More fantasy than magical realism, this eco-adventure maintains its mystery and suspense right up to the end.

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HERE WHERE THE SUNBEAMS ARE GREEN

When Madeleine and Ruby visit the supergreen rain-forest resort where their ornithologist father has been employed to find endangered species, they find him distressingly changed—and maybe contributing to a bird’s extinction.

The mystery of the Weirdness that began after their father wrote them with his REALLY GOOD NEWS deepens when the family arrives from Colorado. The luxury La Lava spa doesn’t allow children, so the girls, 12 and 9, and their mother will be staying nearby at Selva Lodge. When they finally see their father, after six months apart, he doesn’t seem to care about them at all. Their mother, after daily yoga sessions at the spa, is unbelievably calm and incurious. It is their 14-year-old baby sitter and Spanish tutor, golden-eyed Kyle, who teams up with them to explore their jungle surroundings and find and save the last of the Lava-Throated Volcano trogons, already formally declared extinct. In her first novel for young readers, Phillips demonstrates a keen understanding of sibling dynamics as well as love for the lush tropical setting. The girls are believably awed and attracted by the spa’s lavish accommodations for the superrich, frightened by the hint of evil underneath and made uneasy but enchanted by the magic that surrounds them.

More fantasy than magical realism, this eco-adventure maintains its mystery and suspense right up to the end. (Adventure. 9-13)

Pub Date: Nov. 13, 2012

ISBN: 978-0-385-742368

Page Count: 304

Publisher: Delacorte

Review Posted Online: Sept. 15, 2012

Kirkus Reviews Issue: Oct. 1, 2012

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Good Guys and Bad get just deserts in the end, and Stanley gets plenty of opportunities to display pluck and valor in this...

HOLES

Sentenced to a brutal juvenile detention camp for a crime he didn't commit, a wimpy teenager turns four generations of bad family luck around in this sunburnt tale of courage, obsession, and buried treasure from Sachar (Wayside School Gets a Little Stranger, 1995, etc.).

Driven mad by the murder of her black beau, a schoolteacher turns on the once-friendly, verdant town of Green Lake, Texas, becomes feared bandit Kissin' Kate Barlow, and dies, laughing, without revealing where she buried her stash. A century of rainless years later, lake and town are memories—but, with the involuntary help of gangs of juvenile offenders, the last descendant of the last residents is still digging. Enter Stanley Yelnats IV, great-grandson of one of Kissin' Kate's victims and the latest to fall to the family curse of being in the wrong place at the wrong time; under the direction of The Warden, a woman with rattlesnake venom polish on her long nails, Stanley and each of his fellow inmates dig a hole a day in the rock-hard lake bed. Weeks of punishing labor later, Stanley digs up a clue, but is canny enough to conceal the information of which hole it came from. Through flashbacks, Sachar weaves a complex net of hidden relationships and well-timed revelations as he puts his slightly larger-than-life characters under a sun so punishing that readers will be reaching for water bottles.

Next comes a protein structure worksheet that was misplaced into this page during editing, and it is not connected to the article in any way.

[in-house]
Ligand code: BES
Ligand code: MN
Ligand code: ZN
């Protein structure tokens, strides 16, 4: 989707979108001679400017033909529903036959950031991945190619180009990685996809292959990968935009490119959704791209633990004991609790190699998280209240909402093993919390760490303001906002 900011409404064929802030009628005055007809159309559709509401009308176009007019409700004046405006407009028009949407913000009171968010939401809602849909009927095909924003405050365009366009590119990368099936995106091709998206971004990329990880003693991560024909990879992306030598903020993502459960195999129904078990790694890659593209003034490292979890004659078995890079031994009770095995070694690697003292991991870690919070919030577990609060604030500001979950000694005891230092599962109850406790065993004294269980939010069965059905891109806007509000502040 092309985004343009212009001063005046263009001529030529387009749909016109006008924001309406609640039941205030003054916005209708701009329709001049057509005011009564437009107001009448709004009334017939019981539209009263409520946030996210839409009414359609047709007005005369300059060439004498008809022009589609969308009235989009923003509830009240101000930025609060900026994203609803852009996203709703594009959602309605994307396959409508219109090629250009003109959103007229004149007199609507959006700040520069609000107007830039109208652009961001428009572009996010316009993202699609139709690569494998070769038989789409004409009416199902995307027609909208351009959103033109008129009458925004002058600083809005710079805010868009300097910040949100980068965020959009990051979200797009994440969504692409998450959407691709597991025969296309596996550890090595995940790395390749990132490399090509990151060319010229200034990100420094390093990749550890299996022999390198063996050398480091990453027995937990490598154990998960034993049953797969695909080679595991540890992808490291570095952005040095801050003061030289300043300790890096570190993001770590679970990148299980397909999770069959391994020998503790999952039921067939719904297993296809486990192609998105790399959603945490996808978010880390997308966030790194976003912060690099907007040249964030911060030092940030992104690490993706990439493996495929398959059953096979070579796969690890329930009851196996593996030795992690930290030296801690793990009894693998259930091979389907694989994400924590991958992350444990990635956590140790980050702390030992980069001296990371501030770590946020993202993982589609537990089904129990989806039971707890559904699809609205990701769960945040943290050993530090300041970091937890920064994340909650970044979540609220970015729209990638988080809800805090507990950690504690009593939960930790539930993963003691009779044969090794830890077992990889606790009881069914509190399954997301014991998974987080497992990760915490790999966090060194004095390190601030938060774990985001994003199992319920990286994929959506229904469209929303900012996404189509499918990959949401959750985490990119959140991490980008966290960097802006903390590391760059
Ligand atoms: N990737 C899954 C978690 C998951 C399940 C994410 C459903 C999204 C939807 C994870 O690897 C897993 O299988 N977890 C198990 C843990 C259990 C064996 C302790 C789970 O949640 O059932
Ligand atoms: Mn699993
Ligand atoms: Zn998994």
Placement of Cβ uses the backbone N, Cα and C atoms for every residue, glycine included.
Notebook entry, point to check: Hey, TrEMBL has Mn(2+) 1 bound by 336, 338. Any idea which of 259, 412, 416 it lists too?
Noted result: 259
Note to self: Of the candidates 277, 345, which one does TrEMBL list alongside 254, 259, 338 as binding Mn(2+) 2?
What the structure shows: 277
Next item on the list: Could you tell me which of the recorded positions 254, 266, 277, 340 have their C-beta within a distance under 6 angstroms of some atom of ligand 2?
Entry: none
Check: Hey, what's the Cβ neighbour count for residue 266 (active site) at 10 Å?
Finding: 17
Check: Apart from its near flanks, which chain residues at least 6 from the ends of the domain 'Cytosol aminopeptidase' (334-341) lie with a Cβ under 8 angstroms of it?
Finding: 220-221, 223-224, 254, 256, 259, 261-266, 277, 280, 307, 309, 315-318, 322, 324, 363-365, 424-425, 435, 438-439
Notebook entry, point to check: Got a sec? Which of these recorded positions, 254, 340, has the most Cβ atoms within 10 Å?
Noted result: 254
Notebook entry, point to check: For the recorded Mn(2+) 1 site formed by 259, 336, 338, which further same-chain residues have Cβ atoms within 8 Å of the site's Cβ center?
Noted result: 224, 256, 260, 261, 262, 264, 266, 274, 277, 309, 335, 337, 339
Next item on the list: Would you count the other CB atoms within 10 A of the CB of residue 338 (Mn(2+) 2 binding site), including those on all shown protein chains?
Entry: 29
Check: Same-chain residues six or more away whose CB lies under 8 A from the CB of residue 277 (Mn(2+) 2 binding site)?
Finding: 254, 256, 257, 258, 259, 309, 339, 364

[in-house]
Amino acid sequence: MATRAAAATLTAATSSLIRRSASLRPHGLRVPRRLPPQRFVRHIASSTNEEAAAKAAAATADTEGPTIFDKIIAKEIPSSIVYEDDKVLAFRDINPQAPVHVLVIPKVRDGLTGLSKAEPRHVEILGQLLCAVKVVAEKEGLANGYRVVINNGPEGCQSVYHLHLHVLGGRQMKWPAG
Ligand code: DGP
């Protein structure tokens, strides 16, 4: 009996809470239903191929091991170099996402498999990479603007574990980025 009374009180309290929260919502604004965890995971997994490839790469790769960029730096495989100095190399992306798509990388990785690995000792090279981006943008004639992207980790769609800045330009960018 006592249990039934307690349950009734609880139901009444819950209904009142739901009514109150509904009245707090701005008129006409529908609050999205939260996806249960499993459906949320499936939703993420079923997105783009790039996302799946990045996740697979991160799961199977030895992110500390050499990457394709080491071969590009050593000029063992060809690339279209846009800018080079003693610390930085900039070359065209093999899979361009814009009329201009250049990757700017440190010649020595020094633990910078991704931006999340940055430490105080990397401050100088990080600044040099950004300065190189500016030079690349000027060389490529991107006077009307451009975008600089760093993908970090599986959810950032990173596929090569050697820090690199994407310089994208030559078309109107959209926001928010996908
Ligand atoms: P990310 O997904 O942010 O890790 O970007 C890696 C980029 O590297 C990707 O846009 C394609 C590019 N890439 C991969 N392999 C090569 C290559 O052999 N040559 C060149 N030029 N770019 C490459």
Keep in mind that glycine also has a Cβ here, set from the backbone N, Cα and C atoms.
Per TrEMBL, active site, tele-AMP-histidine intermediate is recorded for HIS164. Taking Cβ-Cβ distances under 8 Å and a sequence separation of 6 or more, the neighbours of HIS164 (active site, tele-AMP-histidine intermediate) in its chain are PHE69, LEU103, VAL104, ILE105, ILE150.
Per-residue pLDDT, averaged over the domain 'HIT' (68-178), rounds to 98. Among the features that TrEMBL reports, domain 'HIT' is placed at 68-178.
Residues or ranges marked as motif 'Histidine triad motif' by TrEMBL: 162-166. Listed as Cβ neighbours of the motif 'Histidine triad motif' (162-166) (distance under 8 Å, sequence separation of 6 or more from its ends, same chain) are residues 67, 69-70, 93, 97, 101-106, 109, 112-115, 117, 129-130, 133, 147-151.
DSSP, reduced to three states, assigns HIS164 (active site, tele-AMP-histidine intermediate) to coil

Good Guys and Bad get just deserts in the end, and Stanley gets plenty of opportunities to display pluck and valor in this rugged, engrossing adventure. (Fiction. 9-13)

Pub Date: Sept. 1, 1998

ISBN: 978-0-374-33265-5

Page Count: 233

Publisher: Farrar, Straus and Giroux

Review Posted Online: May 20, 2010

Kirkus Reviews Issue: June 15, 2000

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A sly, side-splitting hoot from start to finish.

THE MECHANICAL MIND OF JOHN COGGIN

The dreary prospect of spending a lifetime making caskets instead of wonderful inventions prompts a young orphan to snatch up his little sister and flee. Where? To the circus, of course.

Fortunately or otherwise, John and 6-year-old Page join up with Boz—sometime human cannonball for the seedy Wandering Wayfarers and a “vertically challenged” trickster with a fantastic gift for sowing chaos. Alas, the budding engineer barely has time to settle in to begin work on an experimental circus wagon powered by chicken poop and dubbed (with questionable forethought) the Autopsy. The hot pursuit of malign and indomitable Great-Aunt Beauregard, the Coggins’ only living relative, forces all three to leave the troupe for further flights and misadventures. Teele spins her adventure around a sturdy protagonist whose love for his little sister is matched only by his fierce desire for something better in life for them both and tucks in an outstanding supporting cast featuring several notably strong-minded, independent women (Page, whose glare “would kill spiders dead,” not least among them). Better yet, in Boz she has created a scene-stealing force of nature, a free spirit who’s never happier than when he’s stirring up mischief. A climactic clutch culminating in a magnificently destructive display of fireworks leaves the Coggin sibs well-positioned for bright futures. (Illustrations not seen.)

A sly, side-splitting hoot from start to finish. (Adventure. 11-13)

Pub Date: April 12, 2016

ISBN: 978-0-06-234510-3

Page Count: 352

Publisher: Walden Pond Press/HarperCollins

Review Posted Online: Dec. 22, 2015

Kirkus Reviews Issue: Jan. 1, 2016

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